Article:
Security

MasterCard Has Finally Realized That Signatures Are Obsolete and Stupid (fastcompany.com) 232

An anonymous reader shares a report: For years, credit card companies have relied on an illegible squiggly line as the frontline of defense against credit card fraud. Customers are forced to use a pen (how retro!) to scrawl their signature on bills at restaurants and sign digitally at cash registers -- as if somehow in the age of chips, PINs, biometrics, and online fraud alerts, a line on a page is still a great tool against fraud prevention. Personally, I have been known to sign on the dotted line with a doodle of a piece of tofu and no one has ever stopped me, because signatures mean very little in this digital age. Companies are finally seeing the light. Starting in April 2018, MasterCard cardholders will no longer be required to sign their name when they purchase something using their debit or credit cards. The company has been moving away from requiring signatures for a few years now, with only about 80% of purchases (typically over a certain dollar amount) requiring a signature these days. MasterCard did some digging, though, and per its press release, realized that most of their customers "believe it would be easier to pay and that checkout lines would move faster if they didn't need to sign when making a purchase."
Bitcoin

Bitcoin Nears $6,000 For the First Time (bloomberg.com) 93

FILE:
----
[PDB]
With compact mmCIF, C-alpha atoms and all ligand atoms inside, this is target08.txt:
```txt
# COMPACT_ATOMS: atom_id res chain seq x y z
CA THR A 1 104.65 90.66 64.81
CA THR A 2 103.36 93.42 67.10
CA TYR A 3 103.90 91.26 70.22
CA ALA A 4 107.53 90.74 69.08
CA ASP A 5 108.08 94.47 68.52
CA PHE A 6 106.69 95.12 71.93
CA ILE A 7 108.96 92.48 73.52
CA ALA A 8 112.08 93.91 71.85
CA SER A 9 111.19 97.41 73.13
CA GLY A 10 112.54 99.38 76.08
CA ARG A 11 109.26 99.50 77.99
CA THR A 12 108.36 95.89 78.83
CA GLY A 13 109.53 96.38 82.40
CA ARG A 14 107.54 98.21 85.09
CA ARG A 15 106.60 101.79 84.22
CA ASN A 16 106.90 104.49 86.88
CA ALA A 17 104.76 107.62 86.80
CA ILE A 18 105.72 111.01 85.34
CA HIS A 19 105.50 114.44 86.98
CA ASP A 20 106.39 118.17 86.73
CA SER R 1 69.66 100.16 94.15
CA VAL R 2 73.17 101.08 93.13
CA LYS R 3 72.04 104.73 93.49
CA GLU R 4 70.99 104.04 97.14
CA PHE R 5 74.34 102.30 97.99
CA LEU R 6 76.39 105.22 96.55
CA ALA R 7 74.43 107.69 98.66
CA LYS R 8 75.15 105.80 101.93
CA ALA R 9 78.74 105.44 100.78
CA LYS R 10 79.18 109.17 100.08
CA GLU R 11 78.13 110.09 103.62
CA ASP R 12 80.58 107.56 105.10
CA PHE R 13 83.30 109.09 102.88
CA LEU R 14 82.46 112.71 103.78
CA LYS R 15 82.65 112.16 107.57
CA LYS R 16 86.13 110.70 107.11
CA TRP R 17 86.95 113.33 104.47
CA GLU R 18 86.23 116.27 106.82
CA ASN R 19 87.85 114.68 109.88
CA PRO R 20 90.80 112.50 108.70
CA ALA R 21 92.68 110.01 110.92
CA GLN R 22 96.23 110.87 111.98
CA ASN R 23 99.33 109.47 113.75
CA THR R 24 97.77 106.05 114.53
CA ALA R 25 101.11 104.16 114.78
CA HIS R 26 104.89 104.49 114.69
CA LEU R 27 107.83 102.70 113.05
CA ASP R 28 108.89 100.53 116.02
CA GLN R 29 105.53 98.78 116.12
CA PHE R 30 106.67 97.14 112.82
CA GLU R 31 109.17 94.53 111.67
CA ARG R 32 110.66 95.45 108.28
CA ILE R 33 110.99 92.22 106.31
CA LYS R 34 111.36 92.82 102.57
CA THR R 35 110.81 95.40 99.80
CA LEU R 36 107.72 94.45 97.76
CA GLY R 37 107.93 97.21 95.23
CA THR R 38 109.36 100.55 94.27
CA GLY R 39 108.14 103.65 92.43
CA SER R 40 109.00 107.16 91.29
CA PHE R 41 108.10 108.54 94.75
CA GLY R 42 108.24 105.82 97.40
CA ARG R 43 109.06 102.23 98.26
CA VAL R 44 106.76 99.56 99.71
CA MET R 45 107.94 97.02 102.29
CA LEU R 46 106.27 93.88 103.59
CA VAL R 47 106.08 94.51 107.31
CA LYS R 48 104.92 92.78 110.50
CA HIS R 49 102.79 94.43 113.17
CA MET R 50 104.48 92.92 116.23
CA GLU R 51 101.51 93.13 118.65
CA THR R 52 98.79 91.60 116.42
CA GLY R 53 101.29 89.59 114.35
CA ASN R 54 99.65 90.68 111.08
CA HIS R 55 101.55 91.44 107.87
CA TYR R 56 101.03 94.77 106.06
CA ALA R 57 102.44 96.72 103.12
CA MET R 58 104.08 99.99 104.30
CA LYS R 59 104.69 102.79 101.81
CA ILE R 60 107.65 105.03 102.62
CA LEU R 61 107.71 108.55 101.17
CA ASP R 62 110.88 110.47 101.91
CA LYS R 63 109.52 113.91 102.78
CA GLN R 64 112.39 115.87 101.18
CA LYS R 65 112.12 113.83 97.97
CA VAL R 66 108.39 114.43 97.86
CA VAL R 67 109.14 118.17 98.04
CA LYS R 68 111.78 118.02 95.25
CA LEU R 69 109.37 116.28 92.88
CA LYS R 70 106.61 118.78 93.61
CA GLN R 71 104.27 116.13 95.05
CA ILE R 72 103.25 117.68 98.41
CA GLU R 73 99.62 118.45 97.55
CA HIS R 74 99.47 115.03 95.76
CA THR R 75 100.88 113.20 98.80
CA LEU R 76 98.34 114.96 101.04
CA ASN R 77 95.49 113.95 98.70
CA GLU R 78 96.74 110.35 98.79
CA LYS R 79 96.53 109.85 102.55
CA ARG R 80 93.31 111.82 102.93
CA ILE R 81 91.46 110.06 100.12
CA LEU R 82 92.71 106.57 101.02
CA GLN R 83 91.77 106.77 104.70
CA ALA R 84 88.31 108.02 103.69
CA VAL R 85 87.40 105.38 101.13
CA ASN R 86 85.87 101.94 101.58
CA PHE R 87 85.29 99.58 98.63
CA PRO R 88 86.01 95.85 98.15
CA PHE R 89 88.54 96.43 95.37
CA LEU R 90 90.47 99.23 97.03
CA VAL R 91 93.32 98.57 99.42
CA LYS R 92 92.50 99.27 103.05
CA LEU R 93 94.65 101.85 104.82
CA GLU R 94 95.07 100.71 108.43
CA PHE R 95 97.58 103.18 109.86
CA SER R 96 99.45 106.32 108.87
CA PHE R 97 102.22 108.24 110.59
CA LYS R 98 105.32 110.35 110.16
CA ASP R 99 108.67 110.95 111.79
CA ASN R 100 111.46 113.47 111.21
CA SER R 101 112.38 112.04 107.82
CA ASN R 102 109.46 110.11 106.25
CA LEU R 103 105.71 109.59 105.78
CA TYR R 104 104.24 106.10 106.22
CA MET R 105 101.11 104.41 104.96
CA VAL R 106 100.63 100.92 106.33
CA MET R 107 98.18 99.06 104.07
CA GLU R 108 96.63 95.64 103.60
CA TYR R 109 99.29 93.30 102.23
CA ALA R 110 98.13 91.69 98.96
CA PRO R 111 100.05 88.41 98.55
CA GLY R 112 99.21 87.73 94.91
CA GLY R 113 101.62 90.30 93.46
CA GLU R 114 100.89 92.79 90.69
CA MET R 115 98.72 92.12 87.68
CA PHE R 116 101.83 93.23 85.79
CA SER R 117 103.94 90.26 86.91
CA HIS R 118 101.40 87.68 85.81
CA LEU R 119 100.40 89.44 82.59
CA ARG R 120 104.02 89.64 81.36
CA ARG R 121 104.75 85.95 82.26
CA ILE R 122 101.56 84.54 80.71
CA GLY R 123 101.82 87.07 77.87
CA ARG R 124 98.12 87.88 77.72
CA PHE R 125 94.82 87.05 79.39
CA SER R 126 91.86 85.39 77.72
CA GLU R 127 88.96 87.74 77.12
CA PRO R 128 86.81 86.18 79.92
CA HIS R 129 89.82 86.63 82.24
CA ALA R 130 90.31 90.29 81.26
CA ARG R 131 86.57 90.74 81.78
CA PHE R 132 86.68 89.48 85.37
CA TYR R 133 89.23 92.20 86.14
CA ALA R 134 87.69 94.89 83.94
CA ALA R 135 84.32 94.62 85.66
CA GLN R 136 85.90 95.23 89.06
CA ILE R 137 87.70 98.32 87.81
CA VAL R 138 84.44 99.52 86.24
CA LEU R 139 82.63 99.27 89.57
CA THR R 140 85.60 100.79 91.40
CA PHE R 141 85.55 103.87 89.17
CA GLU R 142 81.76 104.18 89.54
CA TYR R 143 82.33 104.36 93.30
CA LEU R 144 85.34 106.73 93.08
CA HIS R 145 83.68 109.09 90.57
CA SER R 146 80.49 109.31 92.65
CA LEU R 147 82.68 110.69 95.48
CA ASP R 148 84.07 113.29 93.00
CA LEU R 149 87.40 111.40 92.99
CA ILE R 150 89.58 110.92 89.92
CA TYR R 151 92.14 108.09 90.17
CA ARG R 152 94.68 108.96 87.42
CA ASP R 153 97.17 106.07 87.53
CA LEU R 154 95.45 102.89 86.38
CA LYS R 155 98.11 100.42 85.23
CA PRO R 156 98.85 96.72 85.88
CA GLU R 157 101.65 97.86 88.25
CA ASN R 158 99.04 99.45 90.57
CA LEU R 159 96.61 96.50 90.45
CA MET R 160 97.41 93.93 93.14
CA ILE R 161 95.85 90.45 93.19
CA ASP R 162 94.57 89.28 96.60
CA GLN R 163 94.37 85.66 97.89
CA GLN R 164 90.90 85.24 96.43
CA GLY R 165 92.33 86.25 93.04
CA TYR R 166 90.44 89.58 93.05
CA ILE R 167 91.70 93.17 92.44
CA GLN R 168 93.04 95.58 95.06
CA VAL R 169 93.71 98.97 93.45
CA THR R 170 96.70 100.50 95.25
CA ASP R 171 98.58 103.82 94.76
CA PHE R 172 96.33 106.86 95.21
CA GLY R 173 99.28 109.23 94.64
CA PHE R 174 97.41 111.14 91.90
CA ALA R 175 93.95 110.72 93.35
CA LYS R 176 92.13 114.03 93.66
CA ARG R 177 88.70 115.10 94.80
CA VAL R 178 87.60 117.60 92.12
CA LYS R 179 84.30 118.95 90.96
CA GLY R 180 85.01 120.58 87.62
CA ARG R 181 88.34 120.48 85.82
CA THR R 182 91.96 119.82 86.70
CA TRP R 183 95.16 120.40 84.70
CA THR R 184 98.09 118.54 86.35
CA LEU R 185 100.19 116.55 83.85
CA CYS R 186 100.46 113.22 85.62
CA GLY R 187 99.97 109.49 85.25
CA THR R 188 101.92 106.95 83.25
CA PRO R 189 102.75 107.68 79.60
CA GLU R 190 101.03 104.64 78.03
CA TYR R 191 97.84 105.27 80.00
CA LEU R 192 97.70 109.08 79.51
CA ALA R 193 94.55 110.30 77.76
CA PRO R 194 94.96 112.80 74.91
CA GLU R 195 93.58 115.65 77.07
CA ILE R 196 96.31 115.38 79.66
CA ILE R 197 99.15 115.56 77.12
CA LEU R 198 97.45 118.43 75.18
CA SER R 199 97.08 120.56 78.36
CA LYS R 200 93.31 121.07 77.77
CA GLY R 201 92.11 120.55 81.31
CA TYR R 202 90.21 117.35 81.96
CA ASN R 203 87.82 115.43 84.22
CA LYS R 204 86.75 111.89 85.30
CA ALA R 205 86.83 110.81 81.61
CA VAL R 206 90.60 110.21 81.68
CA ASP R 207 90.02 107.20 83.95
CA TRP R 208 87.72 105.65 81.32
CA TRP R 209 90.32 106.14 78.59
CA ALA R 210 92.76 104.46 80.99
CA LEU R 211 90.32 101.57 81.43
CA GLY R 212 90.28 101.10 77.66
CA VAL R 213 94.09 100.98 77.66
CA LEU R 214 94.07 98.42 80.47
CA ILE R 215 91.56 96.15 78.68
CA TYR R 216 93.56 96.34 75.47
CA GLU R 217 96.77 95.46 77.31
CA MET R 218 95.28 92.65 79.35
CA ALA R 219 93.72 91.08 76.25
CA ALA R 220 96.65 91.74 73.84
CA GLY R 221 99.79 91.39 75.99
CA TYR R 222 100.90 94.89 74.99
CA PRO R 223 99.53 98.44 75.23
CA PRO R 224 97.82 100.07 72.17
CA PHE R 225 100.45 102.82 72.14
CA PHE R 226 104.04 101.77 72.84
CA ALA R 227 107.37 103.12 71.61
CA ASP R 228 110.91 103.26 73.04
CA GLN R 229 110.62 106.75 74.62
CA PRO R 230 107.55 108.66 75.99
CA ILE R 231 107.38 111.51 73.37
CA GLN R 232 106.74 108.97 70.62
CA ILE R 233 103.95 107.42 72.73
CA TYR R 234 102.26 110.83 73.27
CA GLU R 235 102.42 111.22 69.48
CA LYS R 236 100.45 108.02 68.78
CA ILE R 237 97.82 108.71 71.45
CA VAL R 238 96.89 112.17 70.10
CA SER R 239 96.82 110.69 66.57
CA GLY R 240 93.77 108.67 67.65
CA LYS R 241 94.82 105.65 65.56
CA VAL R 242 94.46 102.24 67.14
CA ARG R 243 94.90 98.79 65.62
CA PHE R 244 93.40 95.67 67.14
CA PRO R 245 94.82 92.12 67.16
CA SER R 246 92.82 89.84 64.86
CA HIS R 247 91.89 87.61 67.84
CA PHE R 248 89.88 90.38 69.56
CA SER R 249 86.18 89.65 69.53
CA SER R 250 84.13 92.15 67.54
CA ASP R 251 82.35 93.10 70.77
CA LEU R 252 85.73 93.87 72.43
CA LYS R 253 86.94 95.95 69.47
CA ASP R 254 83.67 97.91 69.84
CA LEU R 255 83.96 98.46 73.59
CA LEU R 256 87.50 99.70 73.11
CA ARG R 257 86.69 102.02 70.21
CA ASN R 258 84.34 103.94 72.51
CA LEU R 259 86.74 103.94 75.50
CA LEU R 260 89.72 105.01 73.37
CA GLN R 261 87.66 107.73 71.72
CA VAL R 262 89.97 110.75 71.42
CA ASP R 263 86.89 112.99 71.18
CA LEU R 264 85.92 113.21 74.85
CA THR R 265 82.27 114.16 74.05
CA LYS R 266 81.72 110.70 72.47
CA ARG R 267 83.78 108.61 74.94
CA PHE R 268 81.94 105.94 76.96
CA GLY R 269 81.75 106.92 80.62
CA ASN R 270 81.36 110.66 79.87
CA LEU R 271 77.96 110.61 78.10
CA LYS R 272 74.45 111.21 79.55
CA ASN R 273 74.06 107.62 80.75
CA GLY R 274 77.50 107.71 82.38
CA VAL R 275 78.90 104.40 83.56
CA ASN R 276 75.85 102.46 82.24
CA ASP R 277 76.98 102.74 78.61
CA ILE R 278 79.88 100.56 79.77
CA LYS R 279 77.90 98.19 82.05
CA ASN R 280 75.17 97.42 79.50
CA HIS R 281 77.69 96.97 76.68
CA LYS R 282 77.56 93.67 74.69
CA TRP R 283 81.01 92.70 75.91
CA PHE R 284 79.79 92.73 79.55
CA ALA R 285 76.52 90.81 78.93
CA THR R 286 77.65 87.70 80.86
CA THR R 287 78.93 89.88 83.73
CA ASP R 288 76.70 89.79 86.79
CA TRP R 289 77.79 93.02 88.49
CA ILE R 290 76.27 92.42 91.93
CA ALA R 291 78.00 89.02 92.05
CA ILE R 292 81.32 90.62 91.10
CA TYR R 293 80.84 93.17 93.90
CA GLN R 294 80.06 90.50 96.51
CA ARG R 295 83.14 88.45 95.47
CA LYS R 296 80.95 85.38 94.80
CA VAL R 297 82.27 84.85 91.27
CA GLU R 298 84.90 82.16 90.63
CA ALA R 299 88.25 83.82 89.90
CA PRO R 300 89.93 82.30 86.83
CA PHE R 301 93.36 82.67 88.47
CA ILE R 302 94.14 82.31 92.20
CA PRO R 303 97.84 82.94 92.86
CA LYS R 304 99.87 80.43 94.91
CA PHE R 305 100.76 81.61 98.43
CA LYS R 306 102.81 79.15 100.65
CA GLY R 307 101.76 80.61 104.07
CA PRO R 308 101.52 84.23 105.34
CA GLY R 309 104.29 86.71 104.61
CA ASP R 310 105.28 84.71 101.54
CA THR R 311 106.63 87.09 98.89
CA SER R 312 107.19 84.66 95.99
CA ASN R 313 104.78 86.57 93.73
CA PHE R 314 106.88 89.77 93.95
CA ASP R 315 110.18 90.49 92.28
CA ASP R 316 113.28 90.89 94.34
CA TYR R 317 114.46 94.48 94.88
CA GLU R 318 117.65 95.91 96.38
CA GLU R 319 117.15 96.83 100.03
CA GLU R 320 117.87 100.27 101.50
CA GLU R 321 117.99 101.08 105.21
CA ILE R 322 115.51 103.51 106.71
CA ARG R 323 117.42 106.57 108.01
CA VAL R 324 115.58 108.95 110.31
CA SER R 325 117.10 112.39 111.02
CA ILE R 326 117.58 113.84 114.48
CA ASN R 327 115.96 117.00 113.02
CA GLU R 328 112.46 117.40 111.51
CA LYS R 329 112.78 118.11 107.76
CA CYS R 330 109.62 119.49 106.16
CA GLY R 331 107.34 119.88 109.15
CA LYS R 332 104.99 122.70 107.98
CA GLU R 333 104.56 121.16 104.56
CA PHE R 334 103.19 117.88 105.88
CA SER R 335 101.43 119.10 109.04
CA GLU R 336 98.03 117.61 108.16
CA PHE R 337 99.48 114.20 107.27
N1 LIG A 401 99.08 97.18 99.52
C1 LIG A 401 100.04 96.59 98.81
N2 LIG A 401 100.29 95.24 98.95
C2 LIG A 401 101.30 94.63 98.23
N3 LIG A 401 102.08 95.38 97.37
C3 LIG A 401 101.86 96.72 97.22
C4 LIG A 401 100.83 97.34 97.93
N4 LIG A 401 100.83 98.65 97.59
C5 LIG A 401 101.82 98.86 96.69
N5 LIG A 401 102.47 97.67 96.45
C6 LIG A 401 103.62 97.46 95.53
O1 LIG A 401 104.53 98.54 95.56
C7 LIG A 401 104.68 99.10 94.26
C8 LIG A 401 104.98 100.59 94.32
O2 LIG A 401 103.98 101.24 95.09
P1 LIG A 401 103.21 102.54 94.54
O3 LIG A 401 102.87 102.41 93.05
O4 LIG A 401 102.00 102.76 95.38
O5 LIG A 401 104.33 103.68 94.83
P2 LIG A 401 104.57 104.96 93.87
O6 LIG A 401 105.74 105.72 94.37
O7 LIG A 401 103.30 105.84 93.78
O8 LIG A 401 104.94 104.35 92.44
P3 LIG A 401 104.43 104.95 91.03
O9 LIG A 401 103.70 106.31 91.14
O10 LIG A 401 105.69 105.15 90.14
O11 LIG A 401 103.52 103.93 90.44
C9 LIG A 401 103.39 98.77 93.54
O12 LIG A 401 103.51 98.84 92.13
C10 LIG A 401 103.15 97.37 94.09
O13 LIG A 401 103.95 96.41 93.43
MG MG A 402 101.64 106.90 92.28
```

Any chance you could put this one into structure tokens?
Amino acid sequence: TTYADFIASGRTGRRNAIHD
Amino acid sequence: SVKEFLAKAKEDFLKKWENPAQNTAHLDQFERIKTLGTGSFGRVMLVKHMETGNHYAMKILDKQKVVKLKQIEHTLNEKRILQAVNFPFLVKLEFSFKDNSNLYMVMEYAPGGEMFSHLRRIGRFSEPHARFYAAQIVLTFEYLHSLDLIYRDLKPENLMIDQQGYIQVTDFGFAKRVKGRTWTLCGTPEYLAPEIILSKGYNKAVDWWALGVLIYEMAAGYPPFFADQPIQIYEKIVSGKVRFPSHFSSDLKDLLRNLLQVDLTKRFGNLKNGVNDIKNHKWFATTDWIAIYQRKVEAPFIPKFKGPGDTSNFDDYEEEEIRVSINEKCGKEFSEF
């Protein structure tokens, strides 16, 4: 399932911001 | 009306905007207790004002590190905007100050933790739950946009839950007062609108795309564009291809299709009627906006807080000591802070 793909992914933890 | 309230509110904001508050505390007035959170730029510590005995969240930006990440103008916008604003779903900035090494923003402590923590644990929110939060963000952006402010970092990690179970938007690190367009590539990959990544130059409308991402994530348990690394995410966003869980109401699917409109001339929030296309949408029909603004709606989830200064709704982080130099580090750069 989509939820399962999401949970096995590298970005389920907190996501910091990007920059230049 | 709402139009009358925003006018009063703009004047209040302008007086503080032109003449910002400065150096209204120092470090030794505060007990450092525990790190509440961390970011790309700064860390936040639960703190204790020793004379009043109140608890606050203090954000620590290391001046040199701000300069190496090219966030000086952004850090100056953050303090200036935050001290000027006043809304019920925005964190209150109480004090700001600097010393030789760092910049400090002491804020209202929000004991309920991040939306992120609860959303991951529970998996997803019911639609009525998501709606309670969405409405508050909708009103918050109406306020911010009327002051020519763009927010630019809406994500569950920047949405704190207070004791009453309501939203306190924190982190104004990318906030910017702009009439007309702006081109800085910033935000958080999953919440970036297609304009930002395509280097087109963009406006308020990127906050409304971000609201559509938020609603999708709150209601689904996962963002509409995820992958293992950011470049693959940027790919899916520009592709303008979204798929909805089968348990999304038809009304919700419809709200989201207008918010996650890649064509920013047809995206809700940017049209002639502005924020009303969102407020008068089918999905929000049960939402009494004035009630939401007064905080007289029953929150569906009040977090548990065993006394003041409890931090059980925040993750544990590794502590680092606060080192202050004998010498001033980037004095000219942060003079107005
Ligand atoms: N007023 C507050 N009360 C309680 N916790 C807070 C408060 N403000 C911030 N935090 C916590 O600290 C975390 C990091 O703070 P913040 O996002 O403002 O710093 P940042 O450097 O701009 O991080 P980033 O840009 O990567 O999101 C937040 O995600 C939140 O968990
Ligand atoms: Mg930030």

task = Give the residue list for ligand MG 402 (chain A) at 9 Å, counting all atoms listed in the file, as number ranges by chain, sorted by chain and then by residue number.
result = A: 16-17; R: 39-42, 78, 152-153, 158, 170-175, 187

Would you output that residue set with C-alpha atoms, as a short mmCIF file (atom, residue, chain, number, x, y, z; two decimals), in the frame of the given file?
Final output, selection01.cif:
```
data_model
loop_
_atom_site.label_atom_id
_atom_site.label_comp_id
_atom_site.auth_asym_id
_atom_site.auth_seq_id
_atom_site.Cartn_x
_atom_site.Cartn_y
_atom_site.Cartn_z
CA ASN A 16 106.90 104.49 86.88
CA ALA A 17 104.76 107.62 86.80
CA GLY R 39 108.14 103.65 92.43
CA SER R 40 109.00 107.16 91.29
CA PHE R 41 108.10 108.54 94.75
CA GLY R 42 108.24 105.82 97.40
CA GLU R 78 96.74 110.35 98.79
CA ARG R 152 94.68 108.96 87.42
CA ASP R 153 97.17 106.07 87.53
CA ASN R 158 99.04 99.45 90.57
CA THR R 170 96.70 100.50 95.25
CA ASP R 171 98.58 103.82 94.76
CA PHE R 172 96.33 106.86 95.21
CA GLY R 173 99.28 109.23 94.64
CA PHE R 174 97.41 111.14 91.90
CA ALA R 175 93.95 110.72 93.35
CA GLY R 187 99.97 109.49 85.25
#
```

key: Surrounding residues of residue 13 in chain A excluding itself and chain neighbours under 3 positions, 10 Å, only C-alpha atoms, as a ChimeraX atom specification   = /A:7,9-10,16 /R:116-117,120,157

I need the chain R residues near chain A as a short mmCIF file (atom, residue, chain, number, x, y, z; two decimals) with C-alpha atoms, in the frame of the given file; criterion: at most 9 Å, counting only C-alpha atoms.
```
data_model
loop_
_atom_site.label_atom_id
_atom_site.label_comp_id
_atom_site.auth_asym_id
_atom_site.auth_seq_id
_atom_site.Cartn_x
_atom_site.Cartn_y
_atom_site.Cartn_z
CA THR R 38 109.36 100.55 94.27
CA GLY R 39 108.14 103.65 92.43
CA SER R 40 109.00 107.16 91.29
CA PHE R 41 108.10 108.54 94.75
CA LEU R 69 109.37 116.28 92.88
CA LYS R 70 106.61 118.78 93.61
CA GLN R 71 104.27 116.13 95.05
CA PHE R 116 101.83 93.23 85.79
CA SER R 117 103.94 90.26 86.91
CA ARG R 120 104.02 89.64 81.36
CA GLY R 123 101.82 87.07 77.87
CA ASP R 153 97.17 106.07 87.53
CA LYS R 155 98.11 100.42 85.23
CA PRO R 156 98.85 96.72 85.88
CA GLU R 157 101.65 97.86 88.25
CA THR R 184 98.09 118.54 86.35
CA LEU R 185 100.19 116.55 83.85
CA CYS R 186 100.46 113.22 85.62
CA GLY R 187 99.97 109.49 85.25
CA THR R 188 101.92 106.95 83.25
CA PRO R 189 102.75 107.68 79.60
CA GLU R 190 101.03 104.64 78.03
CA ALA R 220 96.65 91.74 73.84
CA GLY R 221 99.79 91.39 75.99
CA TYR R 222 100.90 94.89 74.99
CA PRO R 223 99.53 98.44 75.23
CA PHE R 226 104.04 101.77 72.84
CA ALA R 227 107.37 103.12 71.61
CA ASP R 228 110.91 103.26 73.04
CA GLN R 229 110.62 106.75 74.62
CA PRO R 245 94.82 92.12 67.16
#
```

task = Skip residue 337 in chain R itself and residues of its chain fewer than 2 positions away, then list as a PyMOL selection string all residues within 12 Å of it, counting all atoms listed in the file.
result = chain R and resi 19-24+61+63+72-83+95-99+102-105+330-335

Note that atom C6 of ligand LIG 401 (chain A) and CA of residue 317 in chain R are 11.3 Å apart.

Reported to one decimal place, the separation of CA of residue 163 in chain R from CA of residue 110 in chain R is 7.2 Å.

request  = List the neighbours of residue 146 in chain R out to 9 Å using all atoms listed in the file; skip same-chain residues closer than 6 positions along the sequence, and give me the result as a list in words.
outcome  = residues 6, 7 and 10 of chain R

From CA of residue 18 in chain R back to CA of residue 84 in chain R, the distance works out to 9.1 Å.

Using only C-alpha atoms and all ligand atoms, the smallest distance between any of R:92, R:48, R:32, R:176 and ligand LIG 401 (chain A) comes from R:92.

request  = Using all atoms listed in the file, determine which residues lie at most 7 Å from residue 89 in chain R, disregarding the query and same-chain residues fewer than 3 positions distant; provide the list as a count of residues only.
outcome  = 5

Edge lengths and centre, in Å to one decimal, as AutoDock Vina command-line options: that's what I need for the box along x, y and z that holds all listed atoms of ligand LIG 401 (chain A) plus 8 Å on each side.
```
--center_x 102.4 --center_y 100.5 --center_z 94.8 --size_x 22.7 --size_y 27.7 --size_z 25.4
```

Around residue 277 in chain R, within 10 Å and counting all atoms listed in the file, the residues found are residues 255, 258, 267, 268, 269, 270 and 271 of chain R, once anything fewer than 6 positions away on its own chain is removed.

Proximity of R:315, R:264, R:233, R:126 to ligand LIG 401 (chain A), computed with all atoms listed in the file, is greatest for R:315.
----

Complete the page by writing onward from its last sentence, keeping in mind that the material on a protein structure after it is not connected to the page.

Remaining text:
Bitcoin closed in on another milestone Friday, as the digital currency approached $6,000 for the first time to put its gain in 2017 to above 500 percent. From a report: The push higher comes just three days after bitcoin suffered its biggest one-day drop in a month on rising concern that regulators are increasingly targeting digital currencies. It's added almost $500 in value in the past two days alone.
Microsoft

Microsoft's Market Value Hits a Dot-Com Era Milestone: $600 Billion (wsj.com) 83

An anonymous reader shares a report: Microsoft's value is returning to tech-bubble peaks. The software giant closed with a market value of $600 billion Thursday for the first time since January 2000, according to the Journal's Market Data Group. Shares rose 0.4 percent to $77.91, setting a fresh all-time high. For the year, Microsoft shares are up 25% and on track for their best year since 2013, as the firm continues its rebirth as a force in cloud-computing. The firm is the third-largest S&P 500 company in market value, trailing Apple (about $800 billion) and Google's parent company, Alphabet, (about $690 billion). In July, fellow technology and internet stalwarts Facebook and Amazon.com joined the trio as the only U.S.-listed companies valued at more than in the $500 billion. The last time Microsoft was over $600 billion back in 2000, it didn't stay there for long. The tech bubble would peak in March of that year, and the Nasdaq Composite Index wouldn't climb back to the level it reach that year until 2015.